Wednesday, October 28, 2009

Tax leverage: debt and equity

In July we ran some blogs about the tax treatment of debt, which has played a major role in the latest financial and economic crisis. We quoted Prem Sikka as saying:

"Let us cut the welfare programme enjoyed by corporations – for example, the tax relief on borrowings. This would also help to address excessive leverage, one of the causes of the banking crisis as well."

Now John Plender is on the case, in the Financial Times.

"Policymakers should, in turn, think about the tax treatment of debt. It beggars belief, after such a monumental debt binge, that this fundamental spur to leverage scarcely features on the policy agenda. . . . Eliminating the tax relief on corporate debt is the obvious solution to reducing the corporate addiction to debt, but no one advocates it.
"

This is a colossal issue, and it is well worth reading Sikka's article again, alongside Richard Murphy's article published around the same time, which noted that:

"Private equity exploits this (tax deductibility of debt interest) to the full. They load their UK companies with debt and pay the interest offshore where it is not taxed on receipt. In effect for every £1 of interest paid a 28p tax subsidy is given by the UK taxpayer – an extraordinary mechanism for shifting wealth from the poorest to best off in our society."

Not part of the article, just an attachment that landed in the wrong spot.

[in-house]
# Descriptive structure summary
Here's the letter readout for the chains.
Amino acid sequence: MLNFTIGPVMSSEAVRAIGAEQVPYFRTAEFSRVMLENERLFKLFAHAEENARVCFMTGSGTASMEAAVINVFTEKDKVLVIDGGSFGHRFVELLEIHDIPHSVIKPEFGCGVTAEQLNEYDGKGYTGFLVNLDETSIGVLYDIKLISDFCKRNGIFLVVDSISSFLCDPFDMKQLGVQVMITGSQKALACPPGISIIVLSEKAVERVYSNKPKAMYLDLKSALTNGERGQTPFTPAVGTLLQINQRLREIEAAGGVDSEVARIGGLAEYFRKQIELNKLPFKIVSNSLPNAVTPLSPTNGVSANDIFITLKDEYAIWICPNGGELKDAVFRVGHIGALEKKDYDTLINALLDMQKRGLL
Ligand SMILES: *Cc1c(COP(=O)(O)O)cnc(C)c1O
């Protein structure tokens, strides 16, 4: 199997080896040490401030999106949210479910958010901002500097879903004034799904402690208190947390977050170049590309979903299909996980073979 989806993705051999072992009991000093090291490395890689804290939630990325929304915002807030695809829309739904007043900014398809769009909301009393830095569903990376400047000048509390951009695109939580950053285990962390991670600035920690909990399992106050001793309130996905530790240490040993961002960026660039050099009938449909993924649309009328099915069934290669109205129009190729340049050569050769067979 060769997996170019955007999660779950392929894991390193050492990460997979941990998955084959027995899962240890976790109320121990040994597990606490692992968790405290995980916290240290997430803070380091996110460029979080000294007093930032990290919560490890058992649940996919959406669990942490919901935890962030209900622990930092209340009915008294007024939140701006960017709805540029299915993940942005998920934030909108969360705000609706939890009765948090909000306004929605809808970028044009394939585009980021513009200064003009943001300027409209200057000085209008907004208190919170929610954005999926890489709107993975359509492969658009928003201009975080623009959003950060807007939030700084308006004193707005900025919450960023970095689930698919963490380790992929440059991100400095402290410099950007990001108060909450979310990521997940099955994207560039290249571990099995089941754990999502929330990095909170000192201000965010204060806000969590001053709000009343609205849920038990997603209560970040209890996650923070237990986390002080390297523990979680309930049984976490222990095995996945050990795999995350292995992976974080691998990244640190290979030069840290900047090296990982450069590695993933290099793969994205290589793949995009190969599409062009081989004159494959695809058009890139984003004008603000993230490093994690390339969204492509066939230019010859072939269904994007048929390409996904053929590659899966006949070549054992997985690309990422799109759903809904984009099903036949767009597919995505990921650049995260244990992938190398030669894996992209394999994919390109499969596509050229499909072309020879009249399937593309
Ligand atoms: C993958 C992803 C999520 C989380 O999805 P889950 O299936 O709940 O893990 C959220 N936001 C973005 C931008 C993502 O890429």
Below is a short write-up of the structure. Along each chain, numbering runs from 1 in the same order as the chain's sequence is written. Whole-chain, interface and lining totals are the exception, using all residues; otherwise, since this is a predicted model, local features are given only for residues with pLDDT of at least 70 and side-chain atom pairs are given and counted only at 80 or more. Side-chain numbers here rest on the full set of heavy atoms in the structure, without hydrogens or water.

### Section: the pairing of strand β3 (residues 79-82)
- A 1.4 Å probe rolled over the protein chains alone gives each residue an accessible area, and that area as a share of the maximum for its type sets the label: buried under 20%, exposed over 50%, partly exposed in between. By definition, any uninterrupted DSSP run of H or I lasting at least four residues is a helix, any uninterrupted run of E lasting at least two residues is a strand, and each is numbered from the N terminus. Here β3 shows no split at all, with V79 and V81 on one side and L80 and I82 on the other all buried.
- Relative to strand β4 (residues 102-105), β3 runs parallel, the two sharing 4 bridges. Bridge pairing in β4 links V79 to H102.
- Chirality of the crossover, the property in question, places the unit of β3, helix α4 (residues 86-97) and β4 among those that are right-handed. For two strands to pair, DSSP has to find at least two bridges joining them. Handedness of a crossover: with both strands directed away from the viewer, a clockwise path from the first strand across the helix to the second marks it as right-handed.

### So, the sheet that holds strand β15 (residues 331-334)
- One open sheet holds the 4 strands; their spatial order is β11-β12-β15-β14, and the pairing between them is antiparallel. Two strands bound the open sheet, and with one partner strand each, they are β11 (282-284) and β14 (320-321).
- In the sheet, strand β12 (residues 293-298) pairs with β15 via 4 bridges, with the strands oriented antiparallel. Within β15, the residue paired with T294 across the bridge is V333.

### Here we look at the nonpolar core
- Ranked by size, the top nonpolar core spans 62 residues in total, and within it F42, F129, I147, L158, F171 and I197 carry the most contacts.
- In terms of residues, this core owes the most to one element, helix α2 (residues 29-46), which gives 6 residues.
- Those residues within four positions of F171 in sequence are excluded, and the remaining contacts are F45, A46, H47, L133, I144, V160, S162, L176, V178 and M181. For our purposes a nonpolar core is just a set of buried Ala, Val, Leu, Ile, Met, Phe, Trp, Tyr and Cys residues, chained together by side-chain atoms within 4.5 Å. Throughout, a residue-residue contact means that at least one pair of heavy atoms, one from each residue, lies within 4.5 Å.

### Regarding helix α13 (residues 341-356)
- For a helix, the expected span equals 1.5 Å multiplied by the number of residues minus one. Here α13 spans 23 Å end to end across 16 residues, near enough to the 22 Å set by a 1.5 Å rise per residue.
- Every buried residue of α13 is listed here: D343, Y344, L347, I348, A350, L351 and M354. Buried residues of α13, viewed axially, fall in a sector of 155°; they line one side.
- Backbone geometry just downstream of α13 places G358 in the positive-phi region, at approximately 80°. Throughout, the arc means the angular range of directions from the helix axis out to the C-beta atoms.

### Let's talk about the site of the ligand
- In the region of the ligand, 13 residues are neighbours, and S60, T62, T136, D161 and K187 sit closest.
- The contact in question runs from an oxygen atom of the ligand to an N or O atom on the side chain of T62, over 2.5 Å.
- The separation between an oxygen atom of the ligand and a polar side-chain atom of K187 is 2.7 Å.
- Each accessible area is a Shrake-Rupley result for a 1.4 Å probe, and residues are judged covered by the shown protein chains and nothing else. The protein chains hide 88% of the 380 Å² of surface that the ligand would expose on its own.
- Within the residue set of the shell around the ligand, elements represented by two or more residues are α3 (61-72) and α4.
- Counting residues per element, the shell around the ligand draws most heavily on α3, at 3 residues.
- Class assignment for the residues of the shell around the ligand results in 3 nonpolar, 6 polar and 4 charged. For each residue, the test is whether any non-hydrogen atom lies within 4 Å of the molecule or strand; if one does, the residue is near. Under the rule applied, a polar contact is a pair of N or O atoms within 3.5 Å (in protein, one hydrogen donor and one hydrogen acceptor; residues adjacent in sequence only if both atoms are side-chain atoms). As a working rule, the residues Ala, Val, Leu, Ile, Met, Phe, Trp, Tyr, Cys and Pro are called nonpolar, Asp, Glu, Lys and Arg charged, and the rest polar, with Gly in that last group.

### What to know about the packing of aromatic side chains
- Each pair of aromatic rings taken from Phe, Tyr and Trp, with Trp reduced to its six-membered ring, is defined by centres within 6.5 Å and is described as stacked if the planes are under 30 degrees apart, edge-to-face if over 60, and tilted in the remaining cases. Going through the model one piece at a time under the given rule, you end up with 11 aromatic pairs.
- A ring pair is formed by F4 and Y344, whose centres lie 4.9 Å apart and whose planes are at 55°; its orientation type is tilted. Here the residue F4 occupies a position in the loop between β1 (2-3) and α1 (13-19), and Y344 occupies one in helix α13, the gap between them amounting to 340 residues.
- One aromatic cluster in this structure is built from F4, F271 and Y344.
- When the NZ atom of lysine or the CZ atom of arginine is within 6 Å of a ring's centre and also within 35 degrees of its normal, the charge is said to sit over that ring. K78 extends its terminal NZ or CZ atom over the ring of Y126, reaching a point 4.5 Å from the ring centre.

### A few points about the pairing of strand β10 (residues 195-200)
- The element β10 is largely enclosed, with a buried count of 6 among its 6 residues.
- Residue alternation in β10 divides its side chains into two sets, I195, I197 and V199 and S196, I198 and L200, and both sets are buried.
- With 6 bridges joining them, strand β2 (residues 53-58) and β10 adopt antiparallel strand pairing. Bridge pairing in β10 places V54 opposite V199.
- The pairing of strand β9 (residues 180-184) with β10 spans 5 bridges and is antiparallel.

And the results? Back to John Plender in the FT:

"Remember balance sheet efficiency? This was one of the countless virtues, much trumpeted in business schools, that private equity was supposed to bring to the quoted corporate sector. It turned out to be largely claptrap, as the debris from numerous leveraged buy-outs bears witness. The academics were doing a splendid job in softening up business on private equity’s behalf, but performing a singular disservice to the wider community in peddling their intellectually toxic wares."

This is all part of the necessary sea change in mainstream ideologies that are, thankfully, at least starting to shift back towards more balanced perspectives. But we still have a very, very long way to go.

Update: this new academic paper from the Max Planck Institute - which this blogger can't access - looks interesting.

1 Comments:

Anonymous cristine said...

Great post.

4:07 am  

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